That’s why today – and Women’s History Month as a whole – is so important. It allows us all, women and men alike, to consider how gender is constructed … and how, therefore, we can just as easily reshape it in order to create better and more equal circumstances for women everywhere.

So think about your favourite woman from history today. And then go and discover a new one.

Glasshouse College, Stourbridge

ghc-building-news-largeNot far up the M5 from Cheltenham is the Black Country town of Stourbridge. The town is perhaps most famous for its glassmaking (the process of using glass to make a range of vessels, from bottles to bowls), and was historically part of Worcestershire – though it has long since been merged, controversially for local residents, with Dudley Metropolitan Borough Council. I grew up not far from there, so it was with interest that I read an email sent to me by one of our Research Fellows, Dr Tim Copeland, concerning a project of ‘historical archaeology’ about to be launched in the town.

Tim tells me that Stourbridge’s Glasshouse College wishes to develop its car park – and that under planning regulations the remains of the late seventeenth-century Coalbournebrook and Coalbournehill Glassworks, which underlie the area, have to be archaeologically evaluated and explored. Glasshouse College is a specialist further education establishment operated by the Ruskin Mill Trust, which works to provide Practical Therapeutic Skills for young people aged 16-25 years. These students have a range of learning difficulties including autistic spectrum disorders and behaviours which challenge.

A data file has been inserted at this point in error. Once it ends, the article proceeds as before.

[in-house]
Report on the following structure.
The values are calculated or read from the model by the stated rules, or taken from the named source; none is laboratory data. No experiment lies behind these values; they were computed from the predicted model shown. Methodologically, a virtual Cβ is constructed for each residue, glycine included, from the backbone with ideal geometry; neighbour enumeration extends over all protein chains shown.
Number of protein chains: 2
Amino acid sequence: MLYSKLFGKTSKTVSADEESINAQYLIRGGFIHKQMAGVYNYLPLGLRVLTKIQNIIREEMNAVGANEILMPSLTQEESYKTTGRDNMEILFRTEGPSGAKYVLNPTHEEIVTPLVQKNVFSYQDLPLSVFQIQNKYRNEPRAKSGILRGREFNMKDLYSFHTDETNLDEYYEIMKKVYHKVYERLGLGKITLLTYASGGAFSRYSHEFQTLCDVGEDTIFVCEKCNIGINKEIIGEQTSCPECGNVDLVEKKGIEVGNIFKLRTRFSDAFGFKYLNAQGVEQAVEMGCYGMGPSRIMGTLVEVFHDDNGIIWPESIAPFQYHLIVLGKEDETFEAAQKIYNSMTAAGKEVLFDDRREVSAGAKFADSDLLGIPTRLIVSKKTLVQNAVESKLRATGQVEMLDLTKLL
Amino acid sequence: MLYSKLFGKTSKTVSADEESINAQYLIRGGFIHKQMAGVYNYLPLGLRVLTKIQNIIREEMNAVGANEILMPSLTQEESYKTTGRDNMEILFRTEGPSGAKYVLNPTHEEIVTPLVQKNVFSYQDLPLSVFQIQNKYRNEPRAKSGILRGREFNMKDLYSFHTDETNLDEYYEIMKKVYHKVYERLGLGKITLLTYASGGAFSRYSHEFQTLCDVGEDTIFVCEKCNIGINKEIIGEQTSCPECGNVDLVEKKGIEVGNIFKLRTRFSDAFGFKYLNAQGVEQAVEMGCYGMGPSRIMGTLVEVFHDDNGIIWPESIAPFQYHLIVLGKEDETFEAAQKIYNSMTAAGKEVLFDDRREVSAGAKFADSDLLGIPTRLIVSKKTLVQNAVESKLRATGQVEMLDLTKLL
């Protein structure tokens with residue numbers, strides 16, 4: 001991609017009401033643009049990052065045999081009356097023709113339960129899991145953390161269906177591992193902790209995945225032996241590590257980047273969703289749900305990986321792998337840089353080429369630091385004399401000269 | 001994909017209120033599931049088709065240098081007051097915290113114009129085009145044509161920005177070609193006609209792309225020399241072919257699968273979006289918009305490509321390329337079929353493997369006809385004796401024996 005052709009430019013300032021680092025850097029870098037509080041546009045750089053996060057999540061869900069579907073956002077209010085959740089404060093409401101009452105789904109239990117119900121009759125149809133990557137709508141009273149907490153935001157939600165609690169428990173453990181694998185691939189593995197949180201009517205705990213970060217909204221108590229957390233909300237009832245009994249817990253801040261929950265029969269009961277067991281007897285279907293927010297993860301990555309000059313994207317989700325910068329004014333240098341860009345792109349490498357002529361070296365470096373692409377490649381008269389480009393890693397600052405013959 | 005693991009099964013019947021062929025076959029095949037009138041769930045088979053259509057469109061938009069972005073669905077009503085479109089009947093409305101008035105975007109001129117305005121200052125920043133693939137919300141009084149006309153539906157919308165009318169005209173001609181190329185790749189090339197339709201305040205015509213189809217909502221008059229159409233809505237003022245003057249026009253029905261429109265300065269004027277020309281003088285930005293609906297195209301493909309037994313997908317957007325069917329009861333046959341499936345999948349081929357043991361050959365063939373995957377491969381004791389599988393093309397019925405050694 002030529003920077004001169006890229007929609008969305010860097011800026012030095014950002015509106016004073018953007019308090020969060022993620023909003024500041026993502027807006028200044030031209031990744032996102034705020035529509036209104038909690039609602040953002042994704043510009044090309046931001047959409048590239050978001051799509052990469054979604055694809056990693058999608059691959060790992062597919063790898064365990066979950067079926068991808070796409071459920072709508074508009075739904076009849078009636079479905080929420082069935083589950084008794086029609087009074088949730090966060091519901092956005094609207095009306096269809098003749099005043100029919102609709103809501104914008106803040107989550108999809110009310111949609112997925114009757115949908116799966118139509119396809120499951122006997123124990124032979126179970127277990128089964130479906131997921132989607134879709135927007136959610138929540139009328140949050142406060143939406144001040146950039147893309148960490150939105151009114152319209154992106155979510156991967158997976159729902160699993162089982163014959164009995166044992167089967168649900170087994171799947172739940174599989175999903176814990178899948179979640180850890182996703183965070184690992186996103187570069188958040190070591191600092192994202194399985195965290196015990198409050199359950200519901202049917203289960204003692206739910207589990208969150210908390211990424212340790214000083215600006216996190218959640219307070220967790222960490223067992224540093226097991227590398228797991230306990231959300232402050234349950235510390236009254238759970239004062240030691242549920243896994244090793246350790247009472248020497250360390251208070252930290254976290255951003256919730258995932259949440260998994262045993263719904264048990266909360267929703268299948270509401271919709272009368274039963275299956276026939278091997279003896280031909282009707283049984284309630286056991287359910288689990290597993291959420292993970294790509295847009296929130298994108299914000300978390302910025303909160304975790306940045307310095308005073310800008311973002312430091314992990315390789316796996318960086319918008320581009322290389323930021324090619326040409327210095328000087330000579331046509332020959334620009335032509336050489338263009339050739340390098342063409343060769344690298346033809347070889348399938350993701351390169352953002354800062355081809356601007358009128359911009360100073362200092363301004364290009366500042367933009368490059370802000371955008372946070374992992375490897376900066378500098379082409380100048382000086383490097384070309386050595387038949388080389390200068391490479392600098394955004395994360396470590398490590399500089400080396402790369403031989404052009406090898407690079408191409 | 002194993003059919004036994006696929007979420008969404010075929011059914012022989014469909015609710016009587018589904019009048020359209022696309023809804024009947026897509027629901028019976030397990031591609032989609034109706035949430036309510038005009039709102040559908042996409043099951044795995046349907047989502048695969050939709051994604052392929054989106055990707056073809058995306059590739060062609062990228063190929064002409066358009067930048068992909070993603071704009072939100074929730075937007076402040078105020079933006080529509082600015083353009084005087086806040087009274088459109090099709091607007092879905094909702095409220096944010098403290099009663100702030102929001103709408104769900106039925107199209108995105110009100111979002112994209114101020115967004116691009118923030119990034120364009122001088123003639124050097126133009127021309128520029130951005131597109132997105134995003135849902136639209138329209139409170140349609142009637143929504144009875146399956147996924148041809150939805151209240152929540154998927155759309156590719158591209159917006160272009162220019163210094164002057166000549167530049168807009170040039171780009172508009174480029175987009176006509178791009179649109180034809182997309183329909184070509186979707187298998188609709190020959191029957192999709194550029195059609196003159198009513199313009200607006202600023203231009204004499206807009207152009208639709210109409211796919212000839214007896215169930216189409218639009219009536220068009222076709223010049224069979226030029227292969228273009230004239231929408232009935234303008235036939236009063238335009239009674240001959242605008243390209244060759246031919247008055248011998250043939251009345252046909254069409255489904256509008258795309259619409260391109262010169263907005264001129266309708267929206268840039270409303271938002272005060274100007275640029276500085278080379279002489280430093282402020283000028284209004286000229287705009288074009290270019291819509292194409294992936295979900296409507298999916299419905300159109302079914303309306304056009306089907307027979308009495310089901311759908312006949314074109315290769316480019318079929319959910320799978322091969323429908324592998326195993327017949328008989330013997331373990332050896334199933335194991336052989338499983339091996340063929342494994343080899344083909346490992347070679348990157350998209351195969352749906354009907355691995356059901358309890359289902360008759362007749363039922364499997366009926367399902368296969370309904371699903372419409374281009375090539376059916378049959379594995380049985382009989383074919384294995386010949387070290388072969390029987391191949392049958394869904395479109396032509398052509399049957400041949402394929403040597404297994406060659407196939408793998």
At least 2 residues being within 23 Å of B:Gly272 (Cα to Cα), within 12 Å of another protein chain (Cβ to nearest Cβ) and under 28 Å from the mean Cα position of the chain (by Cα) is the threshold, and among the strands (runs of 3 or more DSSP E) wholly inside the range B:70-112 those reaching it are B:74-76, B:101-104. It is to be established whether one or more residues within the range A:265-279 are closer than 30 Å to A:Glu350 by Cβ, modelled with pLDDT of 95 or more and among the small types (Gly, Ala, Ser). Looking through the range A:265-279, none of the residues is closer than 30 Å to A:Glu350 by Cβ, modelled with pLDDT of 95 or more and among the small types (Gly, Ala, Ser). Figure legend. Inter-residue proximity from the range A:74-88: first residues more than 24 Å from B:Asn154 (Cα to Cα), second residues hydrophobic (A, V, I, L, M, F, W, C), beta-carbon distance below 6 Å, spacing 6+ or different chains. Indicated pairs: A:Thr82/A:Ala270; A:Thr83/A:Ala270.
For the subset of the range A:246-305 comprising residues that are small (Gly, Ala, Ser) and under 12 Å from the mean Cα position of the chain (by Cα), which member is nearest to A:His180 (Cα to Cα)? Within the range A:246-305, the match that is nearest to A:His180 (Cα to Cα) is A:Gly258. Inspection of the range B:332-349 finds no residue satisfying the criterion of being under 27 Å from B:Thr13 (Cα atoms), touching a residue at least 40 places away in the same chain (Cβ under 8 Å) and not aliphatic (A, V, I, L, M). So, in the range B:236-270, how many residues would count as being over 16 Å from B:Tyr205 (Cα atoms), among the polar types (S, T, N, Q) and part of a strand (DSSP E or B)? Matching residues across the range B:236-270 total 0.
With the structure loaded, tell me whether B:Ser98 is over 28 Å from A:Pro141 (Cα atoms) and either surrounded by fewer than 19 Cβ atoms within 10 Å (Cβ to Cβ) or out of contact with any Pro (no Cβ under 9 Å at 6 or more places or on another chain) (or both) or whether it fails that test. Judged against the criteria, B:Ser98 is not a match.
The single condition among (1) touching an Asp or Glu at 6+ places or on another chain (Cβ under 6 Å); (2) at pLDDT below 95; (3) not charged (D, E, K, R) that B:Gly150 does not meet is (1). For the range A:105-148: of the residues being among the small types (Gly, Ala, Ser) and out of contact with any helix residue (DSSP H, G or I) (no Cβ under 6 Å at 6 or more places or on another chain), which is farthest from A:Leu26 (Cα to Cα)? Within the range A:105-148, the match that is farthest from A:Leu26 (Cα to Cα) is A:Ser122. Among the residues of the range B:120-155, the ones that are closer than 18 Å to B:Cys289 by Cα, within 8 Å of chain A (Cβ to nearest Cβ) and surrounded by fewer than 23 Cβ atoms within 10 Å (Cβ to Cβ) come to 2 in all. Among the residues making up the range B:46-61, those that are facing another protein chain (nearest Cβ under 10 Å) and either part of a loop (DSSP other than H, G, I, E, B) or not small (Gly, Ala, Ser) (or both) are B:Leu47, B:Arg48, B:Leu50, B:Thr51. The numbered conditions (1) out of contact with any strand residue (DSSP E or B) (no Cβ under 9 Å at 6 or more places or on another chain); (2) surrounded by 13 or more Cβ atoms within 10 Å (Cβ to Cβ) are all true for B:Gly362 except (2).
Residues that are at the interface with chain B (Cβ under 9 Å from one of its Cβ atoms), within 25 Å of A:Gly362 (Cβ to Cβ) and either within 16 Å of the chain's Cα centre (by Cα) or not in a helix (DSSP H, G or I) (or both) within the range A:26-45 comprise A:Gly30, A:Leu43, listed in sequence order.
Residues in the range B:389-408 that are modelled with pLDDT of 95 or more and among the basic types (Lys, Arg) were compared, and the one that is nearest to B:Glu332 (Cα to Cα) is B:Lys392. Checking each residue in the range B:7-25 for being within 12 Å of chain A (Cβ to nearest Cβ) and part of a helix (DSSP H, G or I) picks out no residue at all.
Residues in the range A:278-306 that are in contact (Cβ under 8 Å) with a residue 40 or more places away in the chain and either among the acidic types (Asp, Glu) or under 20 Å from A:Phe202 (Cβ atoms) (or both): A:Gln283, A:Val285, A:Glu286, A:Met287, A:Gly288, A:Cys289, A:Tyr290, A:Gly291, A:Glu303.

That opens up some really interesting educational opportunities for the excavation. Indeed, the Ruskin Mill Trust has gained contributions from the Heritage Lottery Fund for an archaeological assessment of the remnants, followed by a Community Archaeological Excavation. The work is being undertaken by Nexus Heritage – and Tim will be designing the heritage and community involvement strategies as part of his wider research.

“Initially,” Tim writes, “the site will be explored by professional archaeologists, to evaluate the preservation of the remains of the glassworks – which closed in the 1950s without leaving behind any documentary evidence associated specifically with them. Once the extent of the remnants is determined there will be a four week excavation by the students from Glasshouse College and volunteers from the area, specifically members of the local historical society who largely comprise of retired persons. The excavation will end with an ‘Open Weekend’, when members of the local community will be invited to visit the excavated structures and examine the artefacts retrieved from the site. The Glasshouse College students will act as guides. It is likely that there will be oral histories connected with the glassworks and these also be collected by the students.”

Tim continues that, following the excavation project, and depending on the quality of the structures, decisions will be taken about the physical conservation of the site as well – alongside ‘preservation by record’ in archived documents, and both an academic and a popular publication (providing both an authoritative and accessible accounts of the work). It sounds like a really interesting project on many levels: historical, social, pedagogical and (for me, at least!) local.

I hope we’ll hear more from Tim as the project progresses.


This blog provides a forum for the students and staff of History at the University of Gloucestershire. Here, we’ll post news on our teaching, student experiences, research, publications, resources, events, and anything else even remotely connected to studying history at Gloucestershire.

There are also short bios of our teaching staff, along with some contact details, and a whole bunch of useful links. Enjoy, and please don’t hesitate to leave a comment!